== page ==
The Democratic People’s Republic of Korea has accepted the offer for talks. Seoul said Pyongyang agreed to its offer to meet face-to-face next week on Jan. 9. This will be the first high-level contact between the two Koreas in more than two years.
CGTN’s Nathan King has more.
After months of tensions, diplomacy is now moving fast on the Korean Peninsula. A day after Washington agreed to suspend military exercises for the duration of the Winter Olympics, Pyongyang agreed to talks with Seoul next week.
It’s a development welcomed by China.
“China welcomes and supports the recent positive moves by the DPRK and ROK to mend bilateral relationships,” said Geng Shuang, spokesperson of China’s Ministry of Foreign Affairs. “We also hope the international community can support these moves, and work together to find an efficient path to ease the tension, enhance mutual trust and resume dialogue.”
DPRK’s leader Kim Jong Un said he “was open to dialogue” in his New Year’s day address. Republic of Korea’s President Moon Jae-in quickly seized on this.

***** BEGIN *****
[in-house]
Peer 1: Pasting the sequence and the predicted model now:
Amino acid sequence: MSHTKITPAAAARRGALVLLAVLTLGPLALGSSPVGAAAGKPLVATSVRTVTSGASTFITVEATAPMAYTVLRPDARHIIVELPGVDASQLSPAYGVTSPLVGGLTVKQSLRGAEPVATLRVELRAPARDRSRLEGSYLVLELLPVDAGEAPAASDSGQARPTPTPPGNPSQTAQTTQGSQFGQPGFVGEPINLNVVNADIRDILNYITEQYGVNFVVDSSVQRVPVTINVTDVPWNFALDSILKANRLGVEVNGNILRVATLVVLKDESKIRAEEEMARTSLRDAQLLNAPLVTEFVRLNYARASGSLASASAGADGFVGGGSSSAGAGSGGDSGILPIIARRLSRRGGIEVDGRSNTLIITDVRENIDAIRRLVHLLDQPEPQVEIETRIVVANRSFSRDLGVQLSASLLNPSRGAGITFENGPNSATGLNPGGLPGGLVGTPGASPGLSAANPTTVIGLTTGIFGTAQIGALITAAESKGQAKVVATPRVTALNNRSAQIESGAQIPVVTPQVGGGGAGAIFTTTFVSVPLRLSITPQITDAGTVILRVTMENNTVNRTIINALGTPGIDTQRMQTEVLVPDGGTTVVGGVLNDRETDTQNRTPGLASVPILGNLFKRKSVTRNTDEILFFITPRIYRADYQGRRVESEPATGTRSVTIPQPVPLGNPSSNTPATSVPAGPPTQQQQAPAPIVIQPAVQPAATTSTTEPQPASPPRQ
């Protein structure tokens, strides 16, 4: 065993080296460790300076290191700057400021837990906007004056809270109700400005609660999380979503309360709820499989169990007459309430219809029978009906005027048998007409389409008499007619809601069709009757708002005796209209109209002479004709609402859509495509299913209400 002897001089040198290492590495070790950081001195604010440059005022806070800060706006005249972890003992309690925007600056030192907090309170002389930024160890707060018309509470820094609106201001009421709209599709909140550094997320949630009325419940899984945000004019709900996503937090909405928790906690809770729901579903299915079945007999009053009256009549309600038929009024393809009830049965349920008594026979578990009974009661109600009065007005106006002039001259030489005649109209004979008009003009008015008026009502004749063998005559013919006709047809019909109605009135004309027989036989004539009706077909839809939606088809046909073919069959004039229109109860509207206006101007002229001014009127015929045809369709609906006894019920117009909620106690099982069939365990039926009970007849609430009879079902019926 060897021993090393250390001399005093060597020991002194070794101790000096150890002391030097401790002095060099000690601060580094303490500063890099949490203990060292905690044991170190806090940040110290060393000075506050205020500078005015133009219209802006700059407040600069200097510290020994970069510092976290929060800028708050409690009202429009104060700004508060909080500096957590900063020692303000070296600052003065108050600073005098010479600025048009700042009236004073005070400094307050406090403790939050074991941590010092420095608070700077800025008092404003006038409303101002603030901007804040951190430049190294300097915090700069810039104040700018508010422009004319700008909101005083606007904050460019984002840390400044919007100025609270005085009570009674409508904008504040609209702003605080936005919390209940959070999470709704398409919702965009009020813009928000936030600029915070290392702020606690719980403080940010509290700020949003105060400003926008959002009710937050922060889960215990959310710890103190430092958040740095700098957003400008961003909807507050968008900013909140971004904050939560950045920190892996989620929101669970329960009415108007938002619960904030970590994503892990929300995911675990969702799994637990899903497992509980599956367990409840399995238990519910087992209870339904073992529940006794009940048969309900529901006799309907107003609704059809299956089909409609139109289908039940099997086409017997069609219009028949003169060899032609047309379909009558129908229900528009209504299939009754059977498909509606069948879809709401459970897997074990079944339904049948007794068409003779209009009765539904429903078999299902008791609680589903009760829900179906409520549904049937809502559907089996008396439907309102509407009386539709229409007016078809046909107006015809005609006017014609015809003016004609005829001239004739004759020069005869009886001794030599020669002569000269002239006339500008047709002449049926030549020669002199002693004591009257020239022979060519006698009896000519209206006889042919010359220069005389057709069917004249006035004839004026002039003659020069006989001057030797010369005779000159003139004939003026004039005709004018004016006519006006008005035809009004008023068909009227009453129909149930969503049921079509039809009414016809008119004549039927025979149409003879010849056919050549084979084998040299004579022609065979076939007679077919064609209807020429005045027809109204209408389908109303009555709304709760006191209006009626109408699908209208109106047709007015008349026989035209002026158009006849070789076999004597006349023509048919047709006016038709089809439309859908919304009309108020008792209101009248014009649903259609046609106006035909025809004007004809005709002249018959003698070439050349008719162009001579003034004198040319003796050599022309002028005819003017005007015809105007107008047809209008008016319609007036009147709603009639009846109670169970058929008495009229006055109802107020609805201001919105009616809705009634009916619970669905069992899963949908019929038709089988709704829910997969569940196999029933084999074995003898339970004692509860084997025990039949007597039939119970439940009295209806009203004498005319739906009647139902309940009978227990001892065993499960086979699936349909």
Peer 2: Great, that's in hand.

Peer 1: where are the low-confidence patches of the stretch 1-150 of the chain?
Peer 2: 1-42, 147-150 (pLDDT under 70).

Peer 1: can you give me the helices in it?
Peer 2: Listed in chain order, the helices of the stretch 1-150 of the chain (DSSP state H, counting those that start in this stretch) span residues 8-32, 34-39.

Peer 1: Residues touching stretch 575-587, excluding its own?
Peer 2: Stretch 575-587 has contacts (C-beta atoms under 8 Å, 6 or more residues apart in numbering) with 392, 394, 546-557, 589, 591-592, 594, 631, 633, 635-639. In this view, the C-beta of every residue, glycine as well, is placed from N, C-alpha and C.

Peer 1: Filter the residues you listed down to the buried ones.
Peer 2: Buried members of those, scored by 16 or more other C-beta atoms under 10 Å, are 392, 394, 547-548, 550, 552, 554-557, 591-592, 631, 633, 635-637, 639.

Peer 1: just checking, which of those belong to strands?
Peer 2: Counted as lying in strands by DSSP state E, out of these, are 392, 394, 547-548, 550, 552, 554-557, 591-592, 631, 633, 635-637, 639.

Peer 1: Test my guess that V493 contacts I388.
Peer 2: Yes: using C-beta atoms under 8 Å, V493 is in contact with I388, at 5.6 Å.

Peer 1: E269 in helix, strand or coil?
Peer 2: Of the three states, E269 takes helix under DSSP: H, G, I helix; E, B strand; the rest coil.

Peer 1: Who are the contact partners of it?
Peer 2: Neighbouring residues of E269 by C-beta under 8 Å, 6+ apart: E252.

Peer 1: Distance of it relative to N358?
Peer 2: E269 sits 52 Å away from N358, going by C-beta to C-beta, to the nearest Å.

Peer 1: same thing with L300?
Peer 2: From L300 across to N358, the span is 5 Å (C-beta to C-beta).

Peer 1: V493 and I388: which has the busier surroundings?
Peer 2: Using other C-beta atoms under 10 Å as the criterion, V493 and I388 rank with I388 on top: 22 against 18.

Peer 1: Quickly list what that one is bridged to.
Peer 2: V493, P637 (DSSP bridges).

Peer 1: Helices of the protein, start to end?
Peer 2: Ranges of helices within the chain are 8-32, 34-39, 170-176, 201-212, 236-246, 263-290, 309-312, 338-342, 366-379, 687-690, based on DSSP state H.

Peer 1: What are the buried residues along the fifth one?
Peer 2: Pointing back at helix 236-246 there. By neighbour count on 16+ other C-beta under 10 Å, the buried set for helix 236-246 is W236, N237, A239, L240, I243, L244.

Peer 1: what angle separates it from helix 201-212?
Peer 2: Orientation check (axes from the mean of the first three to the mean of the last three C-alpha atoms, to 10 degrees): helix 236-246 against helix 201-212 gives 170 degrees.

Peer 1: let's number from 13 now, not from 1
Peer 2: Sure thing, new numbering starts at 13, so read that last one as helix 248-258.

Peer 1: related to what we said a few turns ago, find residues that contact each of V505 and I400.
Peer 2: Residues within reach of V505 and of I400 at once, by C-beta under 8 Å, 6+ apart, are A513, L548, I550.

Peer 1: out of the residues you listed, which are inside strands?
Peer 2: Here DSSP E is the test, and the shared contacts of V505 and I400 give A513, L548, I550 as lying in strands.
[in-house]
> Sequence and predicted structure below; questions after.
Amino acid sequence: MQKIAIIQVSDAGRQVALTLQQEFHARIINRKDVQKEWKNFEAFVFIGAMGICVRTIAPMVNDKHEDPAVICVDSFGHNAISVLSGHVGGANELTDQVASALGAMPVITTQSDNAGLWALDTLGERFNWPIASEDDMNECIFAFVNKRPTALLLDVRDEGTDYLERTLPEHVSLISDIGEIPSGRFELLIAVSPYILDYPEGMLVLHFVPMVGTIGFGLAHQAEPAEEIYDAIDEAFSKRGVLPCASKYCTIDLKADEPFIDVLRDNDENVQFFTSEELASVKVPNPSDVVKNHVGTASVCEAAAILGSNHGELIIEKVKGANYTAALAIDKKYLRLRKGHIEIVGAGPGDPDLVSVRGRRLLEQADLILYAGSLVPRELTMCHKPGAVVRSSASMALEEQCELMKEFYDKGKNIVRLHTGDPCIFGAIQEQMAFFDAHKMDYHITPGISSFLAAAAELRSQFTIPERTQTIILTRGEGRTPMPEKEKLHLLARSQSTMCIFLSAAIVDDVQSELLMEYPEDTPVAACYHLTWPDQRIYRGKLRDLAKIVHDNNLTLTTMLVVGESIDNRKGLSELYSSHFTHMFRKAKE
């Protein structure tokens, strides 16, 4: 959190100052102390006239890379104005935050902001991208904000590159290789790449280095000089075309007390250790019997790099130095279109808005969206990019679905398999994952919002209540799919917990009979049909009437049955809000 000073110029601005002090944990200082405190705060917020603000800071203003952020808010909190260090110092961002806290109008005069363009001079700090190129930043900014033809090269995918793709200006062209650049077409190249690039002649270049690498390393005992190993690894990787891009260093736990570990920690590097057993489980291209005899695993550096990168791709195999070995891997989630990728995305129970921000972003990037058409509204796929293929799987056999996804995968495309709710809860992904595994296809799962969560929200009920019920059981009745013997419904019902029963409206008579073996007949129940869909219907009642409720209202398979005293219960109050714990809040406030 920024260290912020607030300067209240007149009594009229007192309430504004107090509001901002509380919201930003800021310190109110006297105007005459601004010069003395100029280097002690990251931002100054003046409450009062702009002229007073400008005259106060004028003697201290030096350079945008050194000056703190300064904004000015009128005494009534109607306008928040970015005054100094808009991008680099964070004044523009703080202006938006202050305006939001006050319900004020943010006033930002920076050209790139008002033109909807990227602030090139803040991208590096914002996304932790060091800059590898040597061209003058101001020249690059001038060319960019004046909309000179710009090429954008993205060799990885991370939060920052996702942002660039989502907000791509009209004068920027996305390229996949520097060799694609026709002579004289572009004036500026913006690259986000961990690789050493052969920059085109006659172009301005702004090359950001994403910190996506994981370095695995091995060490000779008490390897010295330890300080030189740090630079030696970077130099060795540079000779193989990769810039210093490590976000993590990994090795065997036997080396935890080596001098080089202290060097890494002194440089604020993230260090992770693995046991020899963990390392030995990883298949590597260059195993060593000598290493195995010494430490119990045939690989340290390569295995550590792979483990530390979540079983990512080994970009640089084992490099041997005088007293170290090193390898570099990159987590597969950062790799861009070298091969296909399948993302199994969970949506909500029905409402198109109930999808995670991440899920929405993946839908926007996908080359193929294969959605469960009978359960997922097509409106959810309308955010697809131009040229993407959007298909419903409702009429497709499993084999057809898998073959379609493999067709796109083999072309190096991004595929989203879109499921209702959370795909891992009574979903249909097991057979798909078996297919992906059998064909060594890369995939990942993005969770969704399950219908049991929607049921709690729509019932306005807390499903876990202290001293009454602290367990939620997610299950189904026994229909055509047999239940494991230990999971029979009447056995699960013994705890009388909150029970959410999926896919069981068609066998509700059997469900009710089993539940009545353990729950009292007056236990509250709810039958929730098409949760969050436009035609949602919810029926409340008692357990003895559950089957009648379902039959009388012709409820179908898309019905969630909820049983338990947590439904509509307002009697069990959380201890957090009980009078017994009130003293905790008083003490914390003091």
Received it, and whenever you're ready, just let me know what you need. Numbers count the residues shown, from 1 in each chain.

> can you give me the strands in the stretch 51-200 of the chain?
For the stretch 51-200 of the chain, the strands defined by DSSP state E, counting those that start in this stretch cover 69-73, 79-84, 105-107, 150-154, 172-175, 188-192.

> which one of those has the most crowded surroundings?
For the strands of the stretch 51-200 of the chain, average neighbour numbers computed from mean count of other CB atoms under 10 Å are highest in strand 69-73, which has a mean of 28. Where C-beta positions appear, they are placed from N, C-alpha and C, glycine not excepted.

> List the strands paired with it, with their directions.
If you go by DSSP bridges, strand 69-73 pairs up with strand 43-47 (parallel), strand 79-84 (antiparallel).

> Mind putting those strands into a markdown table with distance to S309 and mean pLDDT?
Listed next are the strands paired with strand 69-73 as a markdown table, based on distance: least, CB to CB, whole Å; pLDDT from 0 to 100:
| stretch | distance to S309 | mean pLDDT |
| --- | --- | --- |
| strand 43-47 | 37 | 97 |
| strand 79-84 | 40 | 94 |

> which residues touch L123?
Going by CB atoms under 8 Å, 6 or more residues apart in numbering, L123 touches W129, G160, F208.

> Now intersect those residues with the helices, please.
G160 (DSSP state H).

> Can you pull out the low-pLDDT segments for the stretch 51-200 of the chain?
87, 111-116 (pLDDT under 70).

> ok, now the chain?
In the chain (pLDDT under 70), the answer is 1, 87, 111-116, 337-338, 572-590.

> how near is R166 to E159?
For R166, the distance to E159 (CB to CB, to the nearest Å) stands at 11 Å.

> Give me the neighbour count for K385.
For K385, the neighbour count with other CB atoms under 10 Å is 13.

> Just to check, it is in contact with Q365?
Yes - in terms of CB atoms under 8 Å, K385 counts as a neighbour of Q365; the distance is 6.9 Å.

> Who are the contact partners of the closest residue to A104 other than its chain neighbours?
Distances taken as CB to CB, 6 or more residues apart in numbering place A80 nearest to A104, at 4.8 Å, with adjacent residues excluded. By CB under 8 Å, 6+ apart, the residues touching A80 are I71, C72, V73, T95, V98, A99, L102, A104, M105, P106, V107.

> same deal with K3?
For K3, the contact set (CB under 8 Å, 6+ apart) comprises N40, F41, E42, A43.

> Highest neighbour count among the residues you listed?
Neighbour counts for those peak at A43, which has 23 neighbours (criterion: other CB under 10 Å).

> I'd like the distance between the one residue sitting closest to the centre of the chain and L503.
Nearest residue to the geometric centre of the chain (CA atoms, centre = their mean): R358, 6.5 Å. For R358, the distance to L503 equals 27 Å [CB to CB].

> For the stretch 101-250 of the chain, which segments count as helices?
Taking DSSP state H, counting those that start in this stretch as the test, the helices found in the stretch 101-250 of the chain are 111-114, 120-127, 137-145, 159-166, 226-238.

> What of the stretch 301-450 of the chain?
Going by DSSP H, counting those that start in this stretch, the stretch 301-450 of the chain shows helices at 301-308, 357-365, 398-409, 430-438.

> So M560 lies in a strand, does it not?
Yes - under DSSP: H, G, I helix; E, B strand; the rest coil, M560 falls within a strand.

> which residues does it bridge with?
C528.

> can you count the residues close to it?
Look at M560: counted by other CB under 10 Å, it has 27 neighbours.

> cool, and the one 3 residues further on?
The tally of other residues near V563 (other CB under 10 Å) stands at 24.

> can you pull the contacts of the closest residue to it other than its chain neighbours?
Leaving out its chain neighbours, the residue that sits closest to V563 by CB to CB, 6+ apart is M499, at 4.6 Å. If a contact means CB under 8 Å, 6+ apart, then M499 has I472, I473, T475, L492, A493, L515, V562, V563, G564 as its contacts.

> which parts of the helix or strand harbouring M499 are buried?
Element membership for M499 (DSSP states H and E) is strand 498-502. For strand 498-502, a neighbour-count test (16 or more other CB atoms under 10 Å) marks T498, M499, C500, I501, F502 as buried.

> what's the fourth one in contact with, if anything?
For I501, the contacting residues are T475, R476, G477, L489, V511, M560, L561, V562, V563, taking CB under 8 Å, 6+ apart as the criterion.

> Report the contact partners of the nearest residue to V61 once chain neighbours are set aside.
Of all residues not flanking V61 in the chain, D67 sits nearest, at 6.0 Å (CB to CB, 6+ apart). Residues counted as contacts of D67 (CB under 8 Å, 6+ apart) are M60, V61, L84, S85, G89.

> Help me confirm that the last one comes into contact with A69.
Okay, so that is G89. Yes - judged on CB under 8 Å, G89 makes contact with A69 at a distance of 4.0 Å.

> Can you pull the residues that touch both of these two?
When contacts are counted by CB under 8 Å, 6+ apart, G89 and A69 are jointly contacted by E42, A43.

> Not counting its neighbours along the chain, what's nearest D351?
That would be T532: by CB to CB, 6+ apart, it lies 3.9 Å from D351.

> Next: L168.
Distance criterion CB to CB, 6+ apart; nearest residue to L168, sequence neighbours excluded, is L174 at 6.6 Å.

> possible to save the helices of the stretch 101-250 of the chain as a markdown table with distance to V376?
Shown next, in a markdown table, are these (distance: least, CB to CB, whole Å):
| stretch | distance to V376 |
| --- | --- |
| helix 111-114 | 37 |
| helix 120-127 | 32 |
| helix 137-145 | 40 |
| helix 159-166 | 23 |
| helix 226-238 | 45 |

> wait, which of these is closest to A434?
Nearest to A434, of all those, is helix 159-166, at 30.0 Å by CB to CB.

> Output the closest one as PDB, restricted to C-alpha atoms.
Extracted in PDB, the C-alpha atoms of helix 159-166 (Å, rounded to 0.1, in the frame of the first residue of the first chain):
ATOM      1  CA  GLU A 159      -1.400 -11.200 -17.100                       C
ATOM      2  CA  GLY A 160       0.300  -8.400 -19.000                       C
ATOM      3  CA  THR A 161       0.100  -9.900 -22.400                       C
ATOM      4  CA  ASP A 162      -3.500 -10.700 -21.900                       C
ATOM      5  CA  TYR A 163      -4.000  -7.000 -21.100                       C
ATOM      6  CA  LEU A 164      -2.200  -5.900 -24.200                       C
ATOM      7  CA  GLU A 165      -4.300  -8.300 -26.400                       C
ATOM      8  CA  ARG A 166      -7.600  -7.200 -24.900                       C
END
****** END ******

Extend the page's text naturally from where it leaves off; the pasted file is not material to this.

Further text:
The hotline between the two countries has been reactivated. Now, talks are confirmed for Tuesday at the Village of Panmunjom—the so-called “Truce Village” at the demilitarized zone.
This first high-level dialogue between the two Korean states in over two years will ostensibly focus on whether the DPRK will send athletes to next month’s winter Olympic Games being hosted by the ROK.
But also on the agenda: how to improve bilateral relations between the two Koreas. The suspension of military exercises by the U.S. is an apparent turnaround in U.S. policy. Up until now, the U.S. has declined any halt in joint military exercises as part of the White House policy of “maximum pressure” on the DPRK. The U.S. is now agreeing to one, saying the impending talks show the U.S. policy of sanctions and pressure is working.
The White House says the delay in the joint military drills is a pause is meant to focus energy and manpower on Olympic security.
Rodger Baker discusses Korean Peninsula dialogue
The DPRK and ROK have agreed to their first high-level, face-to-face talks in more than two years. The meeting follows a conciliatory New Year’s message from Pyongyang, and an invitation to an inter-Korean dialogue from Seoul. Rodger Baker, vice president of Asia-Pacific Analysis at Stratfor, joins CGTN’s Asieh Namdar to discuss.